Do Beagles Shed And How To Easily Get it Under Control!

The beagle breed has witnessed a steady growth in popularity over the last several years, and as more and more dog owners choose to add a beagle to their home, we have observed an increase in the number of individuals contacting us with a variety of concerns about the breed.These range from what food to feed a beagle to how to exercise them, but in the last month or so, we’ve observed an increase in the number of individuals expressly asking, “Do beagles shed?”

Because we are seeing a rise in the regularity with which these questions are being asked, we have chosen to dedicate this post to the subject in order to assist any of our readers who own a beagle. The simple answer is yes, your beagle will shed. Unfortunately, this is a typical error that people make when they see a beagle’s short silky coat and assume that the breed will not shed much.
Beagles are moderate shedders and will shed a consistent quantity of their coat throughout year, although depending on where you live, some beagles will increase their shedding in the spring.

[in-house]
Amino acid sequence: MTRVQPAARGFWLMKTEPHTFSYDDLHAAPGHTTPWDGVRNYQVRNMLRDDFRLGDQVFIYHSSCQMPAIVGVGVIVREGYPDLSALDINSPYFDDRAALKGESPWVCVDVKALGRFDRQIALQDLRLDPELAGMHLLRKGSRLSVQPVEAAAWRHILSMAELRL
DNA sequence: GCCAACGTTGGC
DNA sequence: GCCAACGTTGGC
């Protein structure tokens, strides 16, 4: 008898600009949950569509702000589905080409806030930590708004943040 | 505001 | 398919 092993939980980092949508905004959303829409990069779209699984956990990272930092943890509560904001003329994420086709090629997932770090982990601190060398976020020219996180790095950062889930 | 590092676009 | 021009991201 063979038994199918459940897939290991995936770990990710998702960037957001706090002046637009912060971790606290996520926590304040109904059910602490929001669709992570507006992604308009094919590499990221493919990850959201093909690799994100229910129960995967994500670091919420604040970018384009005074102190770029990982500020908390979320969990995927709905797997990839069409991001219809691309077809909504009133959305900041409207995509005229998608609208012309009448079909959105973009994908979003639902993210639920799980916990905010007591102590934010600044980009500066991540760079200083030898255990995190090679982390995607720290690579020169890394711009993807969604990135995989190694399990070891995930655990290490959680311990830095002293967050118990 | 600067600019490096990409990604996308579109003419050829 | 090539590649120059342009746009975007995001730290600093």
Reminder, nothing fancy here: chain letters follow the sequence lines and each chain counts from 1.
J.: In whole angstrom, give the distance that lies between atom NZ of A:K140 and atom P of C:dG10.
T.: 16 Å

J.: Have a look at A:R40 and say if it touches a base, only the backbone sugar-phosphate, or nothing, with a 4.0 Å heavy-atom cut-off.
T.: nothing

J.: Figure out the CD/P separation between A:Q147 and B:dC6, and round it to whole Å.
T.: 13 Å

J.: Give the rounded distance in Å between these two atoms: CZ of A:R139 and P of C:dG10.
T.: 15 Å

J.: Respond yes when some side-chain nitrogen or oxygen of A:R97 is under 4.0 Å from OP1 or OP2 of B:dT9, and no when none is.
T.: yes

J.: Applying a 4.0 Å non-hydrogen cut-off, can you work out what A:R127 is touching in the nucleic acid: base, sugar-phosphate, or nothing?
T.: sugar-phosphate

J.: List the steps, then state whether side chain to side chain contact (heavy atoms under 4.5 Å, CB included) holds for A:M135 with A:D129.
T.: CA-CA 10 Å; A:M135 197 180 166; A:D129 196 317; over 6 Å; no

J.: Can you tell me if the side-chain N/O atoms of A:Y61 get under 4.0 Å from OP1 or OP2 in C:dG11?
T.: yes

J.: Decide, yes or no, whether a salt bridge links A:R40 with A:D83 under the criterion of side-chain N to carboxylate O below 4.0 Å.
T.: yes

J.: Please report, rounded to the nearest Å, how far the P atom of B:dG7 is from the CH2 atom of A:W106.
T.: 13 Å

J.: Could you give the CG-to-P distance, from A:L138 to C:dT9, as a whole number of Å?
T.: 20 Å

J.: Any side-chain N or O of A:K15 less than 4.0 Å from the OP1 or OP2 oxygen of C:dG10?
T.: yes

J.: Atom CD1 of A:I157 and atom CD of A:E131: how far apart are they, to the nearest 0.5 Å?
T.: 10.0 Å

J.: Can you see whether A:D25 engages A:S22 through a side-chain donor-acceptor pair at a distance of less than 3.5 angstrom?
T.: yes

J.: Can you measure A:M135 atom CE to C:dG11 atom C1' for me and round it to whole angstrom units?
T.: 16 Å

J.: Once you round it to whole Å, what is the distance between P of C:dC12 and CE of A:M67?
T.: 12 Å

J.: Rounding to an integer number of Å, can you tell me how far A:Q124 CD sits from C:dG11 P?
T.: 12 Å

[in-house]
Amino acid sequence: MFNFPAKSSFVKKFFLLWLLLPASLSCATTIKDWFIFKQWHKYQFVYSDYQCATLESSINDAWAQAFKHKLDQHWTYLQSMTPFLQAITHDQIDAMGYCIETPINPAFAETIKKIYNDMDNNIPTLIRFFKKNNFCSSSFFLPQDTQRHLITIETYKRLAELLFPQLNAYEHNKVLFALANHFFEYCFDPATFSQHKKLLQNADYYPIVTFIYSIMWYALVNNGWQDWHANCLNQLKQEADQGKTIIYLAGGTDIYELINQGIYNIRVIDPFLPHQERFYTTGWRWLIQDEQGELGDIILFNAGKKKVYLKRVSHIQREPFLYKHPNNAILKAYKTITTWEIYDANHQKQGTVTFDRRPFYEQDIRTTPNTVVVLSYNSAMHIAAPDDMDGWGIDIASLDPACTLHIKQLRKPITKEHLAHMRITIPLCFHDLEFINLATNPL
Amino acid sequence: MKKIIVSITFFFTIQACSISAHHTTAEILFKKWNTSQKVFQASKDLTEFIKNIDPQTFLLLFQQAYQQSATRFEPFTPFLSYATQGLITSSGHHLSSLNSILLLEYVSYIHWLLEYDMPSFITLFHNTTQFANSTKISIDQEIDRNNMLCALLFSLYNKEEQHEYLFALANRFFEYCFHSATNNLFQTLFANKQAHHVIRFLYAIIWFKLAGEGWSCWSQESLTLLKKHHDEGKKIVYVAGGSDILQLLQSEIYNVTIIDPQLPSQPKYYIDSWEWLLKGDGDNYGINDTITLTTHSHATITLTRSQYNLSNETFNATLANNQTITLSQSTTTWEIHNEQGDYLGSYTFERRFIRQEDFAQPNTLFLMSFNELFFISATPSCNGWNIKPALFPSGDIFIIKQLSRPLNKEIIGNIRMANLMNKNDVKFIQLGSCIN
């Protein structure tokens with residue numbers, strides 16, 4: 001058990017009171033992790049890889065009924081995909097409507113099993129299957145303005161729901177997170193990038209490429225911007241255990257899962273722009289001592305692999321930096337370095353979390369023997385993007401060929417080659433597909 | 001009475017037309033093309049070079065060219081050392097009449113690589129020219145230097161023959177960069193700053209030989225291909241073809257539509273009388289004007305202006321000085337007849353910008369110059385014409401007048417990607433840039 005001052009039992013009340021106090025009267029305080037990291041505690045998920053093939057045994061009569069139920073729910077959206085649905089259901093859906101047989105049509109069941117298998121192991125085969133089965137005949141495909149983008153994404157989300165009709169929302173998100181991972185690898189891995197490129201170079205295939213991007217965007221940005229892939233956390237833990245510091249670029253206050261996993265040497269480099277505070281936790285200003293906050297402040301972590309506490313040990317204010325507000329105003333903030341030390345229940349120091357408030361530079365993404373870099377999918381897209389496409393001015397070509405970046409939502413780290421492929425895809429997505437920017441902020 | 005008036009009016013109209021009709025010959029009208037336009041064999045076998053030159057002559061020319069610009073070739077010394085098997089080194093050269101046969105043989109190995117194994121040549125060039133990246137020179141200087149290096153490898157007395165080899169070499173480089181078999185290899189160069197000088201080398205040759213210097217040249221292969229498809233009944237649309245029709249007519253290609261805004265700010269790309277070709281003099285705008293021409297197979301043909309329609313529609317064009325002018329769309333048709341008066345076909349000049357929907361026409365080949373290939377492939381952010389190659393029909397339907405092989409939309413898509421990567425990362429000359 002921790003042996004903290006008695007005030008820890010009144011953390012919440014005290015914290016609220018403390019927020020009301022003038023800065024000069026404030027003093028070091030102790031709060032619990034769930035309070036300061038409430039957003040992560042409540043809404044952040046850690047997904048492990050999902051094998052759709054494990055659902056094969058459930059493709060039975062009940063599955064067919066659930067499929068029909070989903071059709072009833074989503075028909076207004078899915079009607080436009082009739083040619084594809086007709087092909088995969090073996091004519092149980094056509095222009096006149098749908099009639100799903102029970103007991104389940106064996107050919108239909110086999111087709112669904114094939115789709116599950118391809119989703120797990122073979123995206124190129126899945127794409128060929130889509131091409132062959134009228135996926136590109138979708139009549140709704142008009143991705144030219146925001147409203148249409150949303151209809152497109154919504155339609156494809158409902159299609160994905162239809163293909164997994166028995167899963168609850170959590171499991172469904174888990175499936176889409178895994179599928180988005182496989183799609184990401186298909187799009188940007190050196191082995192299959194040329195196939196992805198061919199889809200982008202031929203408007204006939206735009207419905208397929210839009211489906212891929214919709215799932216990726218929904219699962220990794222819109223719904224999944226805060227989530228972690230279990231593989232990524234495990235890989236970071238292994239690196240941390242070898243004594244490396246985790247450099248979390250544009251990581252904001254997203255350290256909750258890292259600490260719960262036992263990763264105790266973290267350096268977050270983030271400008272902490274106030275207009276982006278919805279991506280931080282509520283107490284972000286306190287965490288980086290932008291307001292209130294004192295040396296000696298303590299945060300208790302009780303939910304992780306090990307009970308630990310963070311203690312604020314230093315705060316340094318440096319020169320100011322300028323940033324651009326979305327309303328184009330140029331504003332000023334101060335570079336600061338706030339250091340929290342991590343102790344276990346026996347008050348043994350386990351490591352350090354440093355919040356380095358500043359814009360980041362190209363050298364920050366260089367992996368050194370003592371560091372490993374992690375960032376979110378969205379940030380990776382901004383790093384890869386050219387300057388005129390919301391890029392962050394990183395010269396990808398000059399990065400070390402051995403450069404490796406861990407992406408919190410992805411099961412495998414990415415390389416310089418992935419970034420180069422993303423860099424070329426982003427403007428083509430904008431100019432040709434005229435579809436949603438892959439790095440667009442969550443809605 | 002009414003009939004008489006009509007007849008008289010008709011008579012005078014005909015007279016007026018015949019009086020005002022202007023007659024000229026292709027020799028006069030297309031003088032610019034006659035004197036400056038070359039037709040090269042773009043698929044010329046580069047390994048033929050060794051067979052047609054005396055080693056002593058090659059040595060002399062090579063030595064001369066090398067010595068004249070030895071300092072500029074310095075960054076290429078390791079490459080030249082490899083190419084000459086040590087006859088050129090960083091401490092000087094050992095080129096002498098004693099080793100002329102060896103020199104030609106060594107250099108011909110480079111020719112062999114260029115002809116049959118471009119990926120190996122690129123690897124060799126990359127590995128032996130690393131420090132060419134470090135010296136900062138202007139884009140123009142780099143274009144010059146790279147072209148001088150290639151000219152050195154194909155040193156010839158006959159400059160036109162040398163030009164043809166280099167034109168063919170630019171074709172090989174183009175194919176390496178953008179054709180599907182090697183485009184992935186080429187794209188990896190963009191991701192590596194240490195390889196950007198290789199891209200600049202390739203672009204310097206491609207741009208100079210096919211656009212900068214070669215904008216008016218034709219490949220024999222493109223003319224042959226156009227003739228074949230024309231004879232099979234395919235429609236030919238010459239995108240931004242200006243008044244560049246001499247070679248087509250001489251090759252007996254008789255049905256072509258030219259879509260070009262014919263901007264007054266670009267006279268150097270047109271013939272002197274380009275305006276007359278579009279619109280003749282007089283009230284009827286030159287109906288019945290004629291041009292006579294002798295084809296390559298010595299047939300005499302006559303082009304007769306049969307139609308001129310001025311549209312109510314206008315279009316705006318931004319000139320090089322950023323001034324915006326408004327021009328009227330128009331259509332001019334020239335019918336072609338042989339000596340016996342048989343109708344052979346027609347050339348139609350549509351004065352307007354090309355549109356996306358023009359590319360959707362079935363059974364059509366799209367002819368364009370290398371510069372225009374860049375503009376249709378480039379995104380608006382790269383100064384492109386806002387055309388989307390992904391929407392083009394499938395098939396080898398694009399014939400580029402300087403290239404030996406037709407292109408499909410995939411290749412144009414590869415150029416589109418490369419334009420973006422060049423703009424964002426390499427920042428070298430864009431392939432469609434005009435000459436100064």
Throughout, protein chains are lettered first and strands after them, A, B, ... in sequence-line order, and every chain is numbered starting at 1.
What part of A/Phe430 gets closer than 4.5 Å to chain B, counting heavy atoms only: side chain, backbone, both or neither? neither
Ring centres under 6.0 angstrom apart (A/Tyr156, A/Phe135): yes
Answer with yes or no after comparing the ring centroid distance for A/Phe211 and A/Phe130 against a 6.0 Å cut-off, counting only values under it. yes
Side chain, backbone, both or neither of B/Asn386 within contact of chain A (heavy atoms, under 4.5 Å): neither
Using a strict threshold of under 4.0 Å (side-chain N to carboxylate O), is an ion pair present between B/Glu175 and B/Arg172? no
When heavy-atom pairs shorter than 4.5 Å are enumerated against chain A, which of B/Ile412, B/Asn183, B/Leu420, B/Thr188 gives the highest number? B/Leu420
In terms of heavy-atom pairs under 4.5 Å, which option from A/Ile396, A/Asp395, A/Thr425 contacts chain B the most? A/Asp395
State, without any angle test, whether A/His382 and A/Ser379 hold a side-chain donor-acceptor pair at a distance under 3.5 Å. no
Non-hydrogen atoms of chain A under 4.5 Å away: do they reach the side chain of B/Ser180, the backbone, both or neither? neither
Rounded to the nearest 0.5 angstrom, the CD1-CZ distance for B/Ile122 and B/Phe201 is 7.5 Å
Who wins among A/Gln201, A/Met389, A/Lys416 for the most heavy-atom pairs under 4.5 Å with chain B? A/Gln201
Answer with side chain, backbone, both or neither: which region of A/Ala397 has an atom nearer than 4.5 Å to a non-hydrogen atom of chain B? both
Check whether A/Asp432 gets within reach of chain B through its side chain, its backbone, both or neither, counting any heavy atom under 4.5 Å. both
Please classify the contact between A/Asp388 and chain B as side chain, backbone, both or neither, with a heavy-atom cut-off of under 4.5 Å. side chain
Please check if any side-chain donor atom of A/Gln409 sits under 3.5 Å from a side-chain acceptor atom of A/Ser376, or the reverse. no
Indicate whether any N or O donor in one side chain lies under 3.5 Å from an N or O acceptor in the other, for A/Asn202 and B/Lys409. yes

A beagle’s short coat might make shedding more controllable because the hair is typically less apparent, but if you suffer from allergies, this could be a concern.
Although there is a widespread belief that some dog breeds are hypoallergenic and would not aggravate your allergies, this is merely a fallacy; nevertheless, some breeds are less triggering than others.
Because the beagle breed is somewhat shredded, we would rank it between the bottom and center of any list of dogs that are likely to cause your allergies.

However, depending on the severity of your allergies, you can typically keep your beagle’s shedding under control and, with the help of an antihistamine, go about your life as usual with a beagle in your family.
If your allergies are moderate, merely controlling your beagle’s shedding may be sufficient, and you may not need to take an antihistamine at all.
We will not look at how you may reduce the impact of your beagle losing its coat and keep your home from getting covered with your dog’s abandoned shed.

How to Handle Your Beagle’s Shedding

Although there are a variety of techniques and tactics available to help you keep your beagle’s shedding under control, nothing beats just brushing your beagle on a regular basis using a proper de-shedding brush in our opinion.
We are aware that there are several fancy shampoos on the market that promise to assist, but in our opinion, they are a waste of money, and many beagles dislike bath time, whereas they will typically allow you groom them for home without complaint.